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Warning !! Blu-ray - The New Betamax?

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Old 12-30-2007, 10:22 AM   #151  
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The Mac ads would be funny, if there was an ounce of truth in them.

Except for the 'cancel or allow' ads, talking about Vista. Those were hilarious, and so true.
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Old 12-30-2007, 10:30 AM   #152  
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I would say more like a pound of truth in them.

I own both types of computers and while I can easily live with the Windows based PC the MacIntosh is just better over all and cNet reviews has picked the new iMac to be the best desktop computer available right now.

I like mine because it can run both the Windows OS and Mac OS at native speeds, that means in essence it can run natively any program available for a home based computer period.

Can you name any other computer that can do this?
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Old 12-30-2007, 10:46 AM   #153  
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You can run the Mac program? Sweet!

Can you play the Mac game?
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Old 12-30-2007, 10:50 AM   #154  
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Theres a Mac game?
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Old 12-30-2007, 11:49 AM   #155  
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Quote:
Originally Posted by Dare View Post
The Mac ads would be funny, if there was an ounce of truth in them.

Except for the 'cancel or allow' ads, talking about Vista. Those were hilarious, and so true.
I hate MAC, never liked them at all, Vista rocks IMO, providing you know how to tweak it the right way
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Old 12-30-2007, 03:16 PM   #156  
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And the verdict about which computer is best depends on what STUPID insipid games it runs.

Believe it or not kids, there are far more important things than games.

Ed, Oh hell let me just go barf in the pc.
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Old 12-30-2007, 03:30 PM   #157  
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You can run the Mac program? Sweet!

Can you play the Mac game?
I don't quite understand your meaning (inside joke?) but, yes on my iMac I can play any Mac program/game or any Windows program/game that I so desire although I'm not that much of a gamer so I only have maybe 5 games max (and I rarely play those).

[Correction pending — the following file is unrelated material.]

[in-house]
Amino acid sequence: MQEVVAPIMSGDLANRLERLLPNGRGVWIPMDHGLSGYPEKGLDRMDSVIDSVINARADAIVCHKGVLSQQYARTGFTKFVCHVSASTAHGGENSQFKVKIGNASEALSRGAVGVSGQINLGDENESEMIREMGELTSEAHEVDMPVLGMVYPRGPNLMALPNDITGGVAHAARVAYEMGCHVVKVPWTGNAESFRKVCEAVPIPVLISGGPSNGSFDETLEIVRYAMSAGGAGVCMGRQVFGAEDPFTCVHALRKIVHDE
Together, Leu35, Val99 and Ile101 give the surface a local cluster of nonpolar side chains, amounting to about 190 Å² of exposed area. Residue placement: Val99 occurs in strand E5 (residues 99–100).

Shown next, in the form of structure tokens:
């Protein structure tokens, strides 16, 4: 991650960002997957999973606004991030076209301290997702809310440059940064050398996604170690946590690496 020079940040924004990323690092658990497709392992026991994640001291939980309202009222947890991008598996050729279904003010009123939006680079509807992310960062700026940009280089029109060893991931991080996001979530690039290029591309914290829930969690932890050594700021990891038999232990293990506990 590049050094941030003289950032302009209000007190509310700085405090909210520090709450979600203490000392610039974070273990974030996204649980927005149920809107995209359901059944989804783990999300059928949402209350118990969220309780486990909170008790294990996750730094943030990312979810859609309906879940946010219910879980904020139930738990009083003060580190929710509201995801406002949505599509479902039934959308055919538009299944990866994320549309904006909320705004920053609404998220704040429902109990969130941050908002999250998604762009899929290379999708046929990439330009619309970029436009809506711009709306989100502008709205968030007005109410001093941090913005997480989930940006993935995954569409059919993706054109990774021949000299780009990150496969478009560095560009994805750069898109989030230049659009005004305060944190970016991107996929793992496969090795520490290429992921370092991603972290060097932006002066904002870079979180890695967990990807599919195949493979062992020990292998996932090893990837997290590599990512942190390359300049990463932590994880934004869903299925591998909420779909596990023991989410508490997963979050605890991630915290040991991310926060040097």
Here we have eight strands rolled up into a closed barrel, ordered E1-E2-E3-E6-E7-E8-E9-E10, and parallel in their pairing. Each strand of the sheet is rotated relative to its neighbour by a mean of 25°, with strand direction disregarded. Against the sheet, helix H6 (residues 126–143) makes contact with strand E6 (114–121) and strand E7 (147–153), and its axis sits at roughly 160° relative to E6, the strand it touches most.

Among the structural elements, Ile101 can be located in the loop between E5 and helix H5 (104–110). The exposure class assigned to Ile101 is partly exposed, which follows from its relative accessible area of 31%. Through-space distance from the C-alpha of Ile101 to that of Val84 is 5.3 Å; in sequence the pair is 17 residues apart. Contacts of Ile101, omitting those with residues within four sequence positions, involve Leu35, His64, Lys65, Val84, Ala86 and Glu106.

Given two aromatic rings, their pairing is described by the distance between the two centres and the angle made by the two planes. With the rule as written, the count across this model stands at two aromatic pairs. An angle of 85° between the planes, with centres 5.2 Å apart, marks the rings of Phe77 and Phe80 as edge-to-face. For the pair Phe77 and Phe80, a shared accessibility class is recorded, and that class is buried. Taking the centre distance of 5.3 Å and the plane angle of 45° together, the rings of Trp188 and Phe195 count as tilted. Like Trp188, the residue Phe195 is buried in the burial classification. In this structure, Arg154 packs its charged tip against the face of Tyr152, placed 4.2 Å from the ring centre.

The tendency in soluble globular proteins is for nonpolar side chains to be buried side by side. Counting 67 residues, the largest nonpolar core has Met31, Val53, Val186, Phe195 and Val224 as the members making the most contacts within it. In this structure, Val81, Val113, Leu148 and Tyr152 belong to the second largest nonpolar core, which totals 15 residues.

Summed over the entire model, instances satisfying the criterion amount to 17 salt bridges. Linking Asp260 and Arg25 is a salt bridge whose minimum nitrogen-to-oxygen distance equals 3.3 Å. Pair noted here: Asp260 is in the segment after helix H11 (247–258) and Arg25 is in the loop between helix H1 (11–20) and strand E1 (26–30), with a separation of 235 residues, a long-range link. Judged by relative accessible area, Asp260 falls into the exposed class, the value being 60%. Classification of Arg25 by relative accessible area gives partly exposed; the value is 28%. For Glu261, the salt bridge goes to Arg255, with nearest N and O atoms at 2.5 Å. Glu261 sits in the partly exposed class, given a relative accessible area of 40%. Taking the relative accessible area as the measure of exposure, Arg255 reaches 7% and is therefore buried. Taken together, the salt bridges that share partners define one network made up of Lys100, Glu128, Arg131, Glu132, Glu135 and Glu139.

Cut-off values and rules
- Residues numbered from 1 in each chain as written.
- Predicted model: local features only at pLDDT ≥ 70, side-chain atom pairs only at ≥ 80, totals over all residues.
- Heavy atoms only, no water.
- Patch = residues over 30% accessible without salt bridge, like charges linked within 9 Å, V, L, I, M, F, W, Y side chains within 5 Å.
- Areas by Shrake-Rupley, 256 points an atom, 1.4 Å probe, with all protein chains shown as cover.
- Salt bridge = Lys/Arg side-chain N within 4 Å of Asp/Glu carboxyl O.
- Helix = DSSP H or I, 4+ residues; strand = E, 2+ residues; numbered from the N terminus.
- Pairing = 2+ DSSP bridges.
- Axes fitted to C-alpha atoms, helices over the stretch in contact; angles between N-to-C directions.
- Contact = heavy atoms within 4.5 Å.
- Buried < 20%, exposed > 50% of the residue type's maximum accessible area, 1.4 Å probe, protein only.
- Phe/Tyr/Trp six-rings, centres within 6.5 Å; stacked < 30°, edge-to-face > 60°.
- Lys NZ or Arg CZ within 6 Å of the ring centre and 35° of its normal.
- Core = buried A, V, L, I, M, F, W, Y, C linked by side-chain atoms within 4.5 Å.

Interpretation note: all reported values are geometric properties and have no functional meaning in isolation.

I don't dislike Windows based computers like Dell or the like, I use to really like IBM computers but they no longer produce them.

I just (from over 25 years of experience) find MacIntosh computers less prone to problems and better built for the most part.

And contrary to popular belief actually a better value, my 24" iMac with everything on it is around $1000 less then the new Dell all in one which has only a 20" screen (although it is a good looking computer also).

Last edited by unotis; 12-30-2007 at 03:33 PM..
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Old 12-30-2007, 03:54 PM   #158  
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I don't quite understand your meaning (inside joke?) but, yes on my iMac I can play any Mac program/game or any Windows program/game that I so desire although I'm not that much of a gamer so I only have maybe 5 games max (and I rarely play those).

I don't dislike Windows based computers like Dell or the like, I use to really like IBM computers but they no longer produce them.

I just (from over 25 years of experience) find MacIntosh computers less prone to problems and better built for the most part.

And contrary to popular belief actually a better value, my 24" iMac with everything on it is around $1000 less then the new Dell all in one which has only a 20" screen (although it is a good looking computer also).

I agree. I like my Windows computer (they are awesome media severs and Media Center functionality is very solid) but I prefer Macs for everyday computing. it's not that Vista is bad; just Macs are easier to work with and they have some neat stuff that Windows still lack.